February 8, 2016
The Other Israelis
Posted on Aug 7, 2011
A stroll to nearby Levinski Park takes one along sidewalks dotted with signs advertising calling cards to Thailand, the Philippines, Sudan and Nepal.
Tucked underneath an elevated ramp to the central bus station and between signs advertising restaurants in Hebrew is a shop bearing an English-language sign—“Maharaja Indian Market”—where Rohith Kumar works.
Kumar moved to Israel six years ago when a friend offered to arrange a caregiver visa in exchange for $7,000. He was fleeing violence in his hometown of Mangalore, India, where his brother had been killed in Hindu-Muslim clashes.
“When I came to Israel, my wife was pregnant,” said Kumar, 37, who spoke freely about his life story from the cramped and dusty second floor of his Indian market. “I didn’t see my child until three years later.”
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Upon arriving in Tel Aviv, Kumar immediately plunged into a murky work environment where all parties involved—the work agency, his employers and himself—deceived the government and the immigration police. Despite having a caregiver visa, he said he never worked one day caring for the elderly people he was ostensibly in Israel to assist.
The agency that brought him to Israel—which, coincidentally, no longer exists—was “crooked,” according to Kumar. He would pay the agency $3,000 to $4,000 every three months, or else it would “cut off” his visa, causing him to be sent to jail by immigration police for violating the terms of his stay in Israel.
“If you don’t pay, they make problems for us,” he said.
Meanwhile, he worked for his supposed employer for free only two days a week, cleaning the house or gardening. The arrangement was, essentially, a front.
“A lot of Indian people are working not legally. We have a visa, but we are never working legally,” he said. Many people engage in black market, cash-based work “like house cleaning so that we can get a lot of money. I have also been working like that before.”
The agency taught both the immigrant and the employee to game the system. If Kumar was questioned by police about working for a family not designated on his visa, he would say that he was on his day off, visiting friends. And if the immigration police asked his supposed employers where their worker was, they would say he had gone to the store.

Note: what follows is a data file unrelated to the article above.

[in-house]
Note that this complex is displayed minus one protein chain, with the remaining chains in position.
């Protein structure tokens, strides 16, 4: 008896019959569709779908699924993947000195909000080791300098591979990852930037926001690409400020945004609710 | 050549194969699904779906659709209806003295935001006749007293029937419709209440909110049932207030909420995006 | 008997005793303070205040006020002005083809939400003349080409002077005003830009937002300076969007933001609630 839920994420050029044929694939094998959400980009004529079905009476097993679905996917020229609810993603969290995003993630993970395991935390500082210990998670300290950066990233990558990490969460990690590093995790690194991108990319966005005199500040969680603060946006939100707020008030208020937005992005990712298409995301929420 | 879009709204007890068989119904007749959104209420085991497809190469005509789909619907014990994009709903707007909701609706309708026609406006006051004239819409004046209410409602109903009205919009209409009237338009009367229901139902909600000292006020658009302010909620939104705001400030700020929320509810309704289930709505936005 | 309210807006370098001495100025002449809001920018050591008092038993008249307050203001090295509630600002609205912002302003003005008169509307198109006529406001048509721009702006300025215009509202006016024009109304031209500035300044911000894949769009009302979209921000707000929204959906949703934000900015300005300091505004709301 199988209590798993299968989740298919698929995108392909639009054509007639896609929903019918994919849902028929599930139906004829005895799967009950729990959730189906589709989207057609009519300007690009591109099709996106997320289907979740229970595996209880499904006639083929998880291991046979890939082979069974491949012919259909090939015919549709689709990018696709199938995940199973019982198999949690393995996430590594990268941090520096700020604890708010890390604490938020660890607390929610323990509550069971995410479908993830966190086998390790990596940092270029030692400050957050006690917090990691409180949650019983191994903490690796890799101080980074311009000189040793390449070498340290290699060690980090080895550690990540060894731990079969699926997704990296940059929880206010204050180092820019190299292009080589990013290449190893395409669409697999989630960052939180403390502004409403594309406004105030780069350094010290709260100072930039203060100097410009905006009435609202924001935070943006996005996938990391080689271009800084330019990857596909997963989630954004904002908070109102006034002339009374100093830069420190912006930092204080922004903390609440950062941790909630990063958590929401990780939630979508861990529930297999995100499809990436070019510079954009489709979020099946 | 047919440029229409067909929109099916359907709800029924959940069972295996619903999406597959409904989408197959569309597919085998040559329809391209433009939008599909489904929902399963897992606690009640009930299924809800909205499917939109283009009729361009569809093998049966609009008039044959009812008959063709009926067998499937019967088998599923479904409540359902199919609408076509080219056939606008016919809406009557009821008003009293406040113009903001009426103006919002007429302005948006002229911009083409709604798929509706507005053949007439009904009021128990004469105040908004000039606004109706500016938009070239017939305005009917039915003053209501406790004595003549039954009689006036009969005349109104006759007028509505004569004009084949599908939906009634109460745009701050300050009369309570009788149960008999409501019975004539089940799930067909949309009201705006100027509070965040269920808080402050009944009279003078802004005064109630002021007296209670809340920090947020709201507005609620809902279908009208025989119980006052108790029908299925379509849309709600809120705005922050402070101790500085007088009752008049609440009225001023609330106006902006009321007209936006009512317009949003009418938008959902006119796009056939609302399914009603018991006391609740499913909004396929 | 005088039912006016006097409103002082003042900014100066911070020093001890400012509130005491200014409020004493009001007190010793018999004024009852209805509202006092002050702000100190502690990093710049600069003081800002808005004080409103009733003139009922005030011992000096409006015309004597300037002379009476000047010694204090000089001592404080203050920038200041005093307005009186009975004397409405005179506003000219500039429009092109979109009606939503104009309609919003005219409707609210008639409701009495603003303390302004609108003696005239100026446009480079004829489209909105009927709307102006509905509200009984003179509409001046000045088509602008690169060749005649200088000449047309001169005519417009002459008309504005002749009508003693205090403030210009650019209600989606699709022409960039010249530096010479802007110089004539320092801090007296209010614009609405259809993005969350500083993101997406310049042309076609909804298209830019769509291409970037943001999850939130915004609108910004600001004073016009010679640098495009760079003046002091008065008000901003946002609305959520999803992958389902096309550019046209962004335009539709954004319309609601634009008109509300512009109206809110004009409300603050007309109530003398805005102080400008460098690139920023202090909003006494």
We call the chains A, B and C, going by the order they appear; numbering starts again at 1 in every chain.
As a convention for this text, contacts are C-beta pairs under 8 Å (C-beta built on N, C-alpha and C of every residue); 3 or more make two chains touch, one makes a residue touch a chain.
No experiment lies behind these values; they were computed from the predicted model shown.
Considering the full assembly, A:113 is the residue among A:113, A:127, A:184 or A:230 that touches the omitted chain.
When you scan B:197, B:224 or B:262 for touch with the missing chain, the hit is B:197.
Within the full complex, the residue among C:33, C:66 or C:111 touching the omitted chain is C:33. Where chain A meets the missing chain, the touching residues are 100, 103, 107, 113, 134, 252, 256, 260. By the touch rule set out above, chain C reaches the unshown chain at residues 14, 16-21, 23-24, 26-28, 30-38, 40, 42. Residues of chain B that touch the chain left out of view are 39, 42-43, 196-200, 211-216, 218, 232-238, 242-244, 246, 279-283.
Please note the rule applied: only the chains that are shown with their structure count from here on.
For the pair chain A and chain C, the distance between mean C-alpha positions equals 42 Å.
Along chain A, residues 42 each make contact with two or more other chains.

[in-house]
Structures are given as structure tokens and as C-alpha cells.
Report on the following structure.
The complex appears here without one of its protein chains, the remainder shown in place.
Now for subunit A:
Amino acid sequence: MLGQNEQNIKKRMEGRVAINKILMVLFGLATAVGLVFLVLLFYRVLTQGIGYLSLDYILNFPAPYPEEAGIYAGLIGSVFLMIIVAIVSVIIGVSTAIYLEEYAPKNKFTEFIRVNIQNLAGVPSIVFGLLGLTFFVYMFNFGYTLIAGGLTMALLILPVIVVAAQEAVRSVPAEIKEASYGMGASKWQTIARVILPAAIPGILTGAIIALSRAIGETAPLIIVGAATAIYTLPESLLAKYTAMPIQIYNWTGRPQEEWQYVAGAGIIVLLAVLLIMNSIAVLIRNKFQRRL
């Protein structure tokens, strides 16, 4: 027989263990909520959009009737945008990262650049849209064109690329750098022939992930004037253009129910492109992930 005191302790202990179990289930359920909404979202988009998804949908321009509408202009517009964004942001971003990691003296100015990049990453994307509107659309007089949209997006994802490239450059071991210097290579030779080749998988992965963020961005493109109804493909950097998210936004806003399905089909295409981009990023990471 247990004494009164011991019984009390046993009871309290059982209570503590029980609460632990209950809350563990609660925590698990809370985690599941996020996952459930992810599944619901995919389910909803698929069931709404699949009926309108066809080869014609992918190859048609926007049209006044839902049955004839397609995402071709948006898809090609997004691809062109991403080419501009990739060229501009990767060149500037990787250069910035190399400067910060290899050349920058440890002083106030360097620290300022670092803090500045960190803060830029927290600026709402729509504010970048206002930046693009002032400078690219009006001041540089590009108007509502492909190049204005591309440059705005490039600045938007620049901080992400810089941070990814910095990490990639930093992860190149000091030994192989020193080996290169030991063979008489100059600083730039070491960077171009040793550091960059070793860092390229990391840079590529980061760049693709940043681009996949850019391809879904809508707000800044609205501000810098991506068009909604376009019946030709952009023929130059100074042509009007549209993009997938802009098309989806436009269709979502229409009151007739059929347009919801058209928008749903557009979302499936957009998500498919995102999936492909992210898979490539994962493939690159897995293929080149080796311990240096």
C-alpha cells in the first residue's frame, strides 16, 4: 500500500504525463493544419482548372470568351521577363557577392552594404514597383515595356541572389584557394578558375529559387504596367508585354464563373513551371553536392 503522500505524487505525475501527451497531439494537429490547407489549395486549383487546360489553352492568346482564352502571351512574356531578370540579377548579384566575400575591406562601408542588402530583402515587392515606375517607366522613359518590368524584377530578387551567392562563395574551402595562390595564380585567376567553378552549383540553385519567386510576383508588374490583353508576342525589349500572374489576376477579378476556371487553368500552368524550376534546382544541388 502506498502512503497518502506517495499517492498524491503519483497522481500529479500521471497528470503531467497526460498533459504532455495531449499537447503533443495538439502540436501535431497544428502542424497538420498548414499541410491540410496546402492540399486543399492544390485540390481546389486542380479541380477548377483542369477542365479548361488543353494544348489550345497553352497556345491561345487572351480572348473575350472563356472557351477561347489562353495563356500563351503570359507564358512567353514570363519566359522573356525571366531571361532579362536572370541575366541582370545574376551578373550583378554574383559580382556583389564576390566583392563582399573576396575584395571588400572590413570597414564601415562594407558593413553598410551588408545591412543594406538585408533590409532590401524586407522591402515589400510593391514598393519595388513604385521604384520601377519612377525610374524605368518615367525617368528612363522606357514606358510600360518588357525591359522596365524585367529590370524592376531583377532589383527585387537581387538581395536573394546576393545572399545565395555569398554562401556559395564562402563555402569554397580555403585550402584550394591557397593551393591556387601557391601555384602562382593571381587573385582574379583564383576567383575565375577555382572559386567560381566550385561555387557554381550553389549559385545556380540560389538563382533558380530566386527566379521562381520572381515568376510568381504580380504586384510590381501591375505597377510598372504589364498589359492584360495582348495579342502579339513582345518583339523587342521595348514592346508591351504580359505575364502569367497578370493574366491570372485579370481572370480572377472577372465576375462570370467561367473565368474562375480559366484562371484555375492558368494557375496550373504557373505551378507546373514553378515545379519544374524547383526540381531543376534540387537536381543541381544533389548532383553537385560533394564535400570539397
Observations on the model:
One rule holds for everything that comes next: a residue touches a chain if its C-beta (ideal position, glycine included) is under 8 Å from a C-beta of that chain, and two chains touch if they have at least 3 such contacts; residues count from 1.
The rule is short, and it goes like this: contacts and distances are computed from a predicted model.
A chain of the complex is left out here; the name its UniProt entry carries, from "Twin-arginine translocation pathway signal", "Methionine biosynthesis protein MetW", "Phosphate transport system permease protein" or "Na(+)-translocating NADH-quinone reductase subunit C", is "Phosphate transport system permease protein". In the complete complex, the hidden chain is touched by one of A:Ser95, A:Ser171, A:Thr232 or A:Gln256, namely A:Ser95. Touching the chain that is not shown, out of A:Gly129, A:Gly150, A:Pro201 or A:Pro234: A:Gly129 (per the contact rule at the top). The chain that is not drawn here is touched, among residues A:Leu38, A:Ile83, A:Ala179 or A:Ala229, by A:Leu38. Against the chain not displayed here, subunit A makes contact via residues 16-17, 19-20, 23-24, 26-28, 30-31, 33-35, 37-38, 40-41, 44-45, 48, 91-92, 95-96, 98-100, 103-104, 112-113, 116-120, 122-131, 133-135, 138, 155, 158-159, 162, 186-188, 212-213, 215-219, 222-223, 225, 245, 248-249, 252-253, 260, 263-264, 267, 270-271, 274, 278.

“The agency, they show the way how because they are also making business. They say, if you work like this, you can make a lot of money. But you will have to pay to us like this money,” he says, gesturing as if passing money below the table.
So the employee is lying to the immigration police?
“Yes, he is lying,” said Kumar matter-of-factly.
The agency, too?
“Yes. Me, I am also lying,” says Kumar with a laugh.
Kumar is caught between twin responsibilities: making money to support his family, and building a happy life for himself in Israel.
“I have children, I have parents. My big brother is dead. All the responsibility is on me,” Kumar said.
While he came to Israel to make money, the complicated underground economy in which he has been struggling has kept him indebted. Every effort to earn enough money to escape has further attached him to Israel: The security of a new refugee visa means he cannot go back to India; the loans he took out to open his Indian market means he carries a new monetary debt; and now, the girlfriend with whom he has been with for three years offers the promise of full Israeli citizenship.
“Always in my heart I miss my family. I miss them all the time,” he said. “I didn’t see my child when [he was] a baby. I will never get that again, his playing. He didn’t know his father. I will never get that. I cannot forget.”
Even though Kumar found more freedom with a refugee visa—enough to open his own store, with plans to open an Indian restaurant next door in the coming months—his friends are all struggling through Israel’s complicated immigration system.
“Every three months, six months, they are changing the rules,” said Kumar.
On a recent balmy morning in Israel, about 100 tiny soldiers, princesses, and ninjas ran around a gritty park in South Tel Aviv. Some scaled an aging, multicolored jungle gym, while others gyrated inside hula-hoops or danced upon a stage. It was Purim, or as it’s often called—the Jewish Halloween.
But unlike other Purim festivities, non-Jewish migrant caregivers and their children constituted the majority of party-goers, many of whom were under threat of deportation.
Until recently, pregnancy brought not only a child but also illegality.
Under Israeli law, children born to migrant workers had to leave the country within three months of their birth, leaving mothers with a hard choice: Either send their child back home or stay in Israel illegally with their newborn baby.
“The decision of the Israeli government is connected to the Jewish character,” said Lachmanovitch, explaining why the children were forced to leave the country by law. “We shouldn’t be ashamed that Israel is a Jewish country.”
For Purim, Dave and Aren De Silva dressed their 2-year-old son, Drew Jade, as a soldier. Aren came to Israel legally in 2006 to care for an elderly Jewish woman. But then she met Dave, a Filipino who holds a temporary residency card. A baby and an expired work permit soon followed. After Aren chose not to leave the country with Drew Jade, her family became illegal.
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